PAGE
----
e) Show that if $f$ has both a left inverse $g$ and a right inverse $h$, then $f$ is bijective and $g=h=f^{-1}$

Proof:

a) If $f(x)=f(y)$ we see that $x=g(f(x))=g(f(y))=y$ and so $f$ is injective. Conversely, let $y\in B$ be arbitrary, we know that $f(h(y))=y$ and so $h(y)\in A$ is the required element which maps to $y$ under $f$

b) The inclusion map $\iota:\mathbb{N}\hookrightarrow\mathbb{Z}:x\mapsto x$. Clearly it has no right inverse or it’d be surjective. But, the mapping

$j:\mathbb{Z}\to\mathbb{N}:x\mapsto\begin{cases}x & \mbox{if}\quad x\in\mathbb{N}\\ 0 & \mbox{if}\quad x\notin\mathbb{N}\end{cases}$

surely satisfies the left inverse requirement since

$j(\iota(x))=j(x)=x,\text{ }\forall x\in\mathbb{N}$.

c) Consider the function $f:\mathbb{R}\to\{1\}:x\mapsto 1$. Clearly this possesses no left inverse, otherwise it’d be injective. But, $j:\{1\}\to\mathbb{R}:1\mapsto1$ has the quality that $f(j(1))=f(j(1))=f(1)=1$ and so $j$ is a suitable right inverse

d) Yes, in the first example we could have taken $j(x)=-1,\text{ }x\notin\mathbb{N}$ and the second example we could have had $j(1)=0$, yet both are left and right inverses respectively.

e) Clearly by a) and b) we see that $f$ is bijective. Furthermore, let $f(x)\in B$ be arbitrary (we can say $f(x)$ since it’s surjective), then

$f^{-1}(f(x))=g(f(x))\implies f^{-1}=g$

and

$f(f^{-1}(x))=x=f(h(x))\implies f(f^{-1}(x))=f(h(x))\overset{*}{\implies}f^{-1}(x)=h(x)$

where $*$ is furnished by $f$‘s injectivity. Thus, putting the two together gives $g=f^{-1}=h$.

6.

Problem: Let $f:\mathbb{R}\to\mathbb{R}:x\mapsto x^3-x$. By restricting the domain and range of $f$ obtain from $f$ a bijective function $g$.

Proof: Merely take $\text{Dom }g=\{1\}$ and $\text{Ran }g=\{0\}$ and so then the function $g:\{1\}\to\{0\}:x\mapsto x^3-x$ is bijective and a restriction of $f$ (in fact, you could take the vaccuous function $f:\varnothing\to\varnothing$)

September 25, 2010 -

1. Wow! That looks impressive. What prerequisites should one meet to understand this stuff (how much of set theory etc)?

Comment by Student | September 25, 2010 | Reply

• I can’t tell if you’re a real person or a bot haha. Though, your e-mail is hoffmankunze which are the authors of a good lin. alg. book. To answer your question: this stuff really isn’t that hard and the only prerequisites are the stuff in the prior post (Munkres section one). This is that set theory.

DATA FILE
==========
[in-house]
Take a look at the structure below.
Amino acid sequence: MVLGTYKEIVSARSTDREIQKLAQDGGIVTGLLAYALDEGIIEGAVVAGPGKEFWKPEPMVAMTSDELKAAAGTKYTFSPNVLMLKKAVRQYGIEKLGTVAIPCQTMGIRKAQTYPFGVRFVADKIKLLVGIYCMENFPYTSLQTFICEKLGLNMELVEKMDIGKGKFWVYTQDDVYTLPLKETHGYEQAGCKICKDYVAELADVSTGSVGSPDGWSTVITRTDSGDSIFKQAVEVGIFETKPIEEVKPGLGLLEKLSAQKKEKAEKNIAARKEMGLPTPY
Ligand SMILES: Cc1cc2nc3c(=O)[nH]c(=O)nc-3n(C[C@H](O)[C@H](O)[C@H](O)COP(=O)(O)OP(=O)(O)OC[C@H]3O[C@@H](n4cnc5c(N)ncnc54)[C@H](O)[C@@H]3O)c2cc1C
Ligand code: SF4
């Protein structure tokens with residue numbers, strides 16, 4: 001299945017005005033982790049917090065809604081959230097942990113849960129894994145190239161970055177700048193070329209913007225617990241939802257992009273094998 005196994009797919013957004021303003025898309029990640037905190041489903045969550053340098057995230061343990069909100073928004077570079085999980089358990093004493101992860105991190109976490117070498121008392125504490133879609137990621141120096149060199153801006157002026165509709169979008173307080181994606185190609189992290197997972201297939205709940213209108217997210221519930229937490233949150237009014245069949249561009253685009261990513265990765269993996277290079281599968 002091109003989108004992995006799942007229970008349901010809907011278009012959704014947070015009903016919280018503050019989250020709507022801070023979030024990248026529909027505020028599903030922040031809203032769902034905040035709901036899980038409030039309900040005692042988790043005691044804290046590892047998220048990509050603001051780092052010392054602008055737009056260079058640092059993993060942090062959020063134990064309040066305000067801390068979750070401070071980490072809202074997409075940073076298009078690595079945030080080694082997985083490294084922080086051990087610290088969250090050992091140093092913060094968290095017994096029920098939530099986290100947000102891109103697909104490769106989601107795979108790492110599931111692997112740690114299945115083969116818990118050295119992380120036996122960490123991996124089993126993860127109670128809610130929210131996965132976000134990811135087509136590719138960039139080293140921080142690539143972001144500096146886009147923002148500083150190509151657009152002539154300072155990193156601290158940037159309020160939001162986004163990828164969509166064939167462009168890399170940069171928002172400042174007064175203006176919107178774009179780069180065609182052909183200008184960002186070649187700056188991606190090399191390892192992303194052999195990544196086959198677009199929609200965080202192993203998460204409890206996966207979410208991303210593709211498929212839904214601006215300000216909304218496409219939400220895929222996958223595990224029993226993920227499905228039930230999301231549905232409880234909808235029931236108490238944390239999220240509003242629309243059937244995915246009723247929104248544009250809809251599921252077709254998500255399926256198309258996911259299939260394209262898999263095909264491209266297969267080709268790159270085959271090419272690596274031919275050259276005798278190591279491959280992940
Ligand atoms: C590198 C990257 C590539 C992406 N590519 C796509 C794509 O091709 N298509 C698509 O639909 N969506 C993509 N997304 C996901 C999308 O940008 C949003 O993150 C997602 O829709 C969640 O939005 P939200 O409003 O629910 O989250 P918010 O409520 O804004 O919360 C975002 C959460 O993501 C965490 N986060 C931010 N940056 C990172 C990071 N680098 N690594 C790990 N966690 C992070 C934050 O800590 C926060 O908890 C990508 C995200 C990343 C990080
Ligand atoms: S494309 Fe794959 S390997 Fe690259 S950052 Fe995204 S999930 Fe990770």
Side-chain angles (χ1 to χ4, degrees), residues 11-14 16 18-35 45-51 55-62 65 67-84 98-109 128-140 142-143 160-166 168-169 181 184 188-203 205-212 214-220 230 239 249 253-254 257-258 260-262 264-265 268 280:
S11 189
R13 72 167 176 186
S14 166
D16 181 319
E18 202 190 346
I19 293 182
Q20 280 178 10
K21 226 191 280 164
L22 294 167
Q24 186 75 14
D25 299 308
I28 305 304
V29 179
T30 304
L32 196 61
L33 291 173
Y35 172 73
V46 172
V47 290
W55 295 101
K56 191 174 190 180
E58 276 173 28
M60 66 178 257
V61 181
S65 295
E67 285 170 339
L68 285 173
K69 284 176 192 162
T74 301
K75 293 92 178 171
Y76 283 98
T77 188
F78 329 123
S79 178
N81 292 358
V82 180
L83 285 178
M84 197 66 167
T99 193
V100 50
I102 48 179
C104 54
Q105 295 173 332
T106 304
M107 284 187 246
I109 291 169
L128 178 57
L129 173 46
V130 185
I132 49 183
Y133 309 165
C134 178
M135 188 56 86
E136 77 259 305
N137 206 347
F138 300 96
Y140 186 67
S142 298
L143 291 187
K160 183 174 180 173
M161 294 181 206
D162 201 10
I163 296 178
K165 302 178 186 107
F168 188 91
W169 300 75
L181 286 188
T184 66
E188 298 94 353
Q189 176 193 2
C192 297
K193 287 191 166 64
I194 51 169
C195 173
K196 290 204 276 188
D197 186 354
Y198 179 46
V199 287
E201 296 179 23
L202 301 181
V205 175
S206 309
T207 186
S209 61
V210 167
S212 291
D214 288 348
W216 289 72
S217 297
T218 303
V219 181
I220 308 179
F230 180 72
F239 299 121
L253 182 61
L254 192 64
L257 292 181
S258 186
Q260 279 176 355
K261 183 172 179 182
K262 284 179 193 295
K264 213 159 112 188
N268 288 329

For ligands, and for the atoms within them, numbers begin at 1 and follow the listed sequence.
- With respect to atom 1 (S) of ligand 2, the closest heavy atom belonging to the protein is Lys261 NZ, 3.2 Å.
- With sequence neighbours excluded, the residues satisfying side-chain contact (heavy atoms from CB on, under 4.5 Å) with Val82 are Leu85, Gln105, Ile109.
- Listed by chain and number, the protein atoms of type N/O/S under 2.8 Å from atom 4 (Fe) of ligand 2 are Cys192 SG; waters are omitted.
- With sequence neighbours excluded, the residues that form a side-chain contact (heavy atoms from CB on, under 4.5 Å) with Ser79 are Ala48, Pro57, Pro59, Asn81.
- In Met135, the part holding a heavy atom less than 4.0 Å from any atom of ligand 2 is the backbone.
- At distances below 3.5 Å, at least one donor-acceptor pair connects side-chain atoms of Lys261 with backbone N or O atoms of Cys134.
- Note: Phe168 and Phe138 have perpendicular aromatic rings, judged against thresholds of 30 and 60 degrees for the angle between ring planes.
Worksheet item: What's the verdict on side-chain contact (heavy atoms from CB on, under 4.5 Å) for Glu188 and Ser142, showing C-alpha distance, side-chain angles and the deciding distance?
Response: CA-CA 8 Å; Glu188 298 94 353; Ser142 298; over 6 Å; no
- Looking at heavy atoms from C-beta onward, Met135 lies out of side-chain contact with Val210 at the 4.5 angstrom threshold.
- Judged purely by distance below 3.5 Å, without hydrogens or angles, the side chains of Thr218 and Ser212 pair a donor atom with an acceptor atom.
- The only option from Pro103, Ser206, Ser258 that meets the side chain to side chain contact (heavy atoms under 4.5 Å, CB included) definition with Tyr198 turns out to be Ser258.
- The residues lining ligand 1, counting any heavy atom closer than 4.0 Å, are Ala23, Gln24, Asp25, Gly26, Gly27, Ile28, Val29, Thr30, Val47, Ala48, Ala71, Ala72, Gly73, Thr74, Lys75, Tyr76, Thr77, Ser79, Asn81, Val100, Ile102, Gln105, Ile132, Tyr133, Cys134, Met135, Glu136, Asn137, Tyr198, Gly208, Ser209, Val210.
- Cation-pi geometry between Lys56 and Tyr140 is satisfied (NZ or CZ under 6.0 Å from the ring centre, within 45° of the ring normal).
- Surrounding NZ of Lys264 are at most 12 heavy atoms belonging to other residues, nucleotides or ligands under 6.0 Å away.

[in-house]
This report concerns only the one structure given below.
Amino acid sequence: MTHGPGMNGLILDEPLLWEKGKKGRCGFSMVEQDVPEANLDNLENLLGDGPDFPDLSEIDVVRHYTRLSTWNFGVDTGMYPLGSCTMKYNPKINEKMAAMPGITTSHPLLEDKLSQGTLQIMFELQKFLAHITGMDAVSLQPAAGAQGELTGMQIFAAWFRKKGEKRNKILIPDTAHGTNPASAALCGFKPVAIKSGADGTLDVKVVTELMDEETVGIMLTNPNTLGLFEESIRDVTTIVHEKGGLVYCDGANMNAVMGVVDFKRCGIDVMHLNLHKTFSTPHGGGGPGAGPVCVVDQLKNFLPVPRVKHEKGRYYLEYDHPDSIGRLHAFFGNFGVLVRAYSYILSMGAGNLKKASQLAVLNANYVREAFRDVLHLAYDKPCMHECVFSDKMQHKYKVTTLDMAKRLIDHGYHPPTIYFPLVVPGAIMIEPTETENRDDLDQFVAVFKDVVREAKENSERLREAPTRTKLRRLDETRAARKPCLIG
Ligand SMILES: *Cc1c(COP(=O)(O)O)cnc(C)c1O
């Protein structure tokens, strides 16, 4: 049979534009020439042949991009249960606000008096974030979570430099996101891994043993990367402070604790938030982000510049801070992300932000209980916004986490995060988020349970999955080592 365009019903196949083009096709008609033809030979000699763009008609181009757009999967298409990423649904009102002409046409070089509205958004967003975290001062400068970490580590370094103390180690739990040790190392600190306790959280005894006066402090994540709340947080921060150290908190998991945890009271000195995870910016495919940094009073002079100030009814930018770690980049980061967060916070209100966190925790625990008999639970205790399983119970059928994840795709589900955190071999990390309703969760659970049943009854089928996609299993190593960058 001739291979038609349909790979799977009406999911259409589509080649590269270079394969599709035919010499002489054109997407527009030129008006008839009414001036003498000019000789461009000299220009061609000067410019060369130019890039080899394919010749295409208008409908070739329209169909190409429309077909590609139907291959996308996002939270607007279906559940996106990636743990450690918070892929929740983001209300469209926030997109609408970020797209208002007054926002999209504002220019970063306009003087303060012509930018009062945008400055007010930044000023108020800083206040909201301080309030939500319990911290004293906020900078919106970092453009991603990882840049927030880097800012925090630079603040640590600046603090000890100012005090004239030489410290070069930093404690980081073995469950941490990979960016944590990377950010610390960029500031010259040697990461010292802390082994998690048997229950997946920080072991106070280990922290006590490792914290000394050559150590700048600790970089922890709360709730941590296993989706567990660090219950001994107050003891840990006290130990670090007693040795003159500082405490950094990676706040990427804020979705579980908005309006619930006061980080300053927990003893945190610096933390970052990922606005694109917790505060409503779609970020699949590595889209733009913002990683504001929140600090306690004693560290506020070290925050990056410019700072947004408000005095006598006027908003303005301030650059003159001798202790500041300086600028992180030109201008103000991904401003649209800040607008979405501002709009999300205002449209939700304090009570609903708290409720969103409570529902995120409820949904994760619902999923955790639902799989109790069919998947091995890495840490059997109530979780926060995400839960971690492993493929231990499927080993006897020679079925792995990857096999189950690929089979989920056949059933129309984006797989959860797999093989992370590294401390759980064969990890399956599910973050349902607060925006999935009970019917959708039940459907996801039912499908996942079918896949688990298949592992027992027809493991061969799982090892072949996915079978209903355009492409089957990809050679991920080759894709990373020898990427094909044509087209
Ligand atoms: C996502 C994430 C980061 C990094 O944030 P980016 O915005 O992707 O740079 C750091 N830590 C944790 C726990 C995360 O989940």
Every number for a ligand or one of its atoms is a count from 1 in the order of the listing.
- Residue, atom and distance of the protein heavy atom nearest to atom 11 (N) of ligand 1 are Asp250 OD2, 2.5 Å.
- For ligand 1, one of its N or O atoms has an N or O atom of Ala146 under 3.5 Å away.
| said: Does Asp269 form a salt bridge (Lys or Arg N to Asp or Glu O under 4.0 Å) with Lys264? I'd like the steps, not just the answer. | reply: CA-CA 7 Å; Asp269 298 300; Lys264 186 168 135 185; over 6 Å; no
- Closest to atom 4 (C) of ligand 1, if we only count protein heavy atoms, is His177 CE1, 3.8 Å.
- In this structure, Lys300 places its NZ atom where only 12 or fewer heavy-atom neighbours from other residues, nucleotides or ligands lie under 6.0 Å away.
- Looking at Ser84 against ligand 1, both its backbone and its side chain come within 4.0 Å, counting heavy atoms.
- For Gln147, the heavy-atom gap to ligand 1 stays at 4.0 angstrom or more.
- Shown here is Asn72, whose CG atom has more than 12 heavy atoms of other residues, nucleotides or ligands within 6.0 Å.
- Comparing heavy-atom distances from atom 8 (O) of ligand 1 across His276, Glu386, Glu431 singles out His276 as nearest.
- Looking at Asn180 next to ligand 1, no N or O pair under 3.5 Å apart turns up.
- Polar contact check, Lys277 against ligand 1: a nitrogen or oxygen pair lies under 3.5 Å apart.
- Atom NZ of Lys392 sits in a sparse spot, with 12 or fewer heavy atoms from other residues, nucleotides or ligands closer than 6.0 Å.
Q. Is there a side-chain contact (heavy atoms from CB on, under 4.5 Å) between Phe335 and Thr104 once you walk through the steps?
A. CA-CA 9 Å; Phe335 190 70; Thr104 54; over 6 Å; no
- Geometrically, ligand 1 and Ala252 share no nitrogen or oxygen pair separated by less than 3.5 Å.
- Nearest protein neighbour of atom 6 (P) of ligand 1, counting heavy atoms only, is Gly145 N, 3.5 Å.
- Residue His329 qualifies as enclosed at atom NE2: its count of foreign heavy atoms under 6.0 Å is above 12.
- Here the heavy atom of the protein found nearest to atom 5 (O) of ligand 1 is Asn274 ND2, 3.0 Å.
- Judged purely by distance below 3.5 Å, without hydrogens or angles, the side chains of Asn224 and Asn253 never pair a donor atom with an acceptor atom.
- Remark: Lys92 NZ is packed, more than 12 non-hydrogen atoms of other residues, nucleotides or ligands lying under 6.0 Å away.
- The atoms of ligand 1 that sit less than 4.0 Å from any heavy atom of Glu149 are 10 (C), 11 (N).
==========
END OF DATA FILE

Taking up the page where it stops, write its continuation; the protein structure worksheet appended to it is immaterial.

Comment by drexel28 | September 25, 2010 | Reply

• Definitely not a bot. As you have deducted, it would have been a miracle if a bot could appreciate the good book so as to turn the authors into its namesake. 😀

That’s a relief for me then. Someone told me that it’s futile to even try learning topology if one hasn’t got a complete mastery of set theory, so I was too afraid to even look at a topology book. All the set theory I know was learnt from the preliminary section of Herstein’s Topics In Algebra, so it isn’t strong. (I need to learn some set theory, anyway, since it seems to be everywhere; so let me know if you know any good books, please). Thanks.

Comment by Student | September 26, 2010

2. I’m sorry friend! It’s true that topology is probably one of the most heavily set theoretic subjects commonly encountered…besides set theory itself. If you’ve done Herstein (or algebra in general, though Herstein is a very good book) you should be well acquainted with the function aspect of set theory. If you want to learn topology you can pick up Munkres and just start. It’s fairly well self-contained and teaches you all the set theory you need to know (in fact, it will teach you as much or more set theory than most undergraduates/graduates know). If you’re looking for something more comprehensive I LOVED the book Set Theory and Logic by Stoll. If found it to be a comprehensive (and abstract 🙂 ), but readable, exposition on all the set theory a non-set theorist (or set-theoretic topologist) could want to know. In fact, he even goes into some serious logic including the infamous Goedel’s theorem.

If you have any questions whatsoever, feel free to contact me on here or at afy25@drexel.edu

Comment by drexel28 | September 26, 2010 | Reply

• Thanks. I will get both books. The latter merely because I want this burden of set theory that seems to be everywhere not to bother me ever again. But I’m glad that Munkres contains all the set theory that one would need to go through the book and more. That really makes it a brilliant book. Yes, I’ve done Herstein but not yet any other book on Algebra (counting Linear Algebra out – I’ve done Hoffman and Kunze, as you have gathered). I will contact you to let you know how it goes. You are very kind. Thank you.

Comment by Student | September 27, 2010 | Reply

3. No problem friend, anything for a fellow math enthusiast!

Comment by drexel28 | September 27, 2010 | Reply

4. I am Industrial engineer and I am studying the munkres book by my own. I think this have wonderful applications in my field but at the beginning they are difficult to see. If you know about that kind of stuff I would be happy to talk about.

Thanks a lot for sharing your work

Comment by Luis Felipe Cardona | July 18, 2011 | Reply